×
You will be redirected back to your article in seconds

Film Review: ‘Couple in a Hole’

A grieving "Couple in a Hole" -- both psychological and literal -- are the focus of Tom Geens' oddball drama.

With:
Paul Higgins, Kate Dickie, Jerome Kircher, Corinne Masiero. (English, French dialogue.)

Official Site: http://www.imdb.com/title/tt2818252/

Sometimes an even greater mystery than why someone chose to create a particular movie is why someone else chose to fund it. Both questions exert a greater fascination than anything onscreen by the end of “Couple in a Hole,” Belgian writer-helmer Tom Geens’ second feature. This initially intriguing drama centers around the odd conceit of two grieving Scottish parents who find themselves living in a French forest crawlspace near where their only child died. Bizarre yet literal-minded pic gradually goes out on a limb too far as the scenario moves from leisurely and enigmatic to exasperating and random. Commercial prospects for this befuddling, eventually ridiculous endeavor look remote.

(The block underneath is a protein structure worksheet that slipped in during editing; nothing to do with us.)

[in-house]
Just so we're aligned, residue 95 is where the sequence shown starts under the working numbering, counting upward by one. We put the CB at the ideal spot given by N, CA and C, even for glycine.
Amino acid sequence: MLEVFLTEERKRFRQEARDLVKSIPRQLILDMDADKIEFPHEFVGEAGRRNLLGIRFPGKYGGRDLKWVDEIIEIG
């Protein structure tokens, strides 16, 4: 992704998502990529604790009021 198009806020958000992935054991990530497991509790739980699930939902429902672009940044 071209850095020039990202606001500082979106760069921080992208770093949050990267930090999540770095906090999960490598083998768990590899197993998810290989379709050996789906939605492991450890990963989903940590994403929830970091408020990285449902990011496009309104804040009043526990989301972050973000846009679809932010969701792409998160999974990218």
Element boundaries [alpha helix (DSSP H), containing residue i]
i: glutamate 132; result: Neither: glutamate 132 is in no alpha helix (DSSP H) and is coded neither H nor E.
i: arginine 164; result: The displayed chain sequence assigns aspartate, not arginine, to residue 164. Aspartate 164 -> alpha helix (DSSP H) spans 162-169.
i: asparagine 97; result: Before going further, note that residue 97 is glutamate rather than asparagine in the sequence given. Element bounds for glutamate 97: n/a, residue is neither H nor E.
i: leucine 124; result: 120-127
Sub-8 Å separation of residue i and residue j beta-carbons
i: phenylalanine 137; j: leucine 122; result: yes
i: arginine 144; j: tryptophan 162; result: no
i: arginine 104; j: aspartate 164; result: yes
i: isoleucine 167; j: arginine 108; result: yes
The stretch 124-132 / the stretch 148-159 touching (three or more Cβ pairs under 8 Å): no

It takes some time to figure out just what John (Paul Higgins) and Karen (Kate Dickie) are doing squatting beneath a dead tree in the mountains of Midi-Pyrenees. We eventually suss that they were living abroad when a fire destroyed their home and took the life of their young son. Still in a traumatized state months later, Karen can’t bear to leave the area, though it would seem there are easier ways to do just that than camping rough, foraging and trapping wild animals for food (the couple apparently don’t lack funds).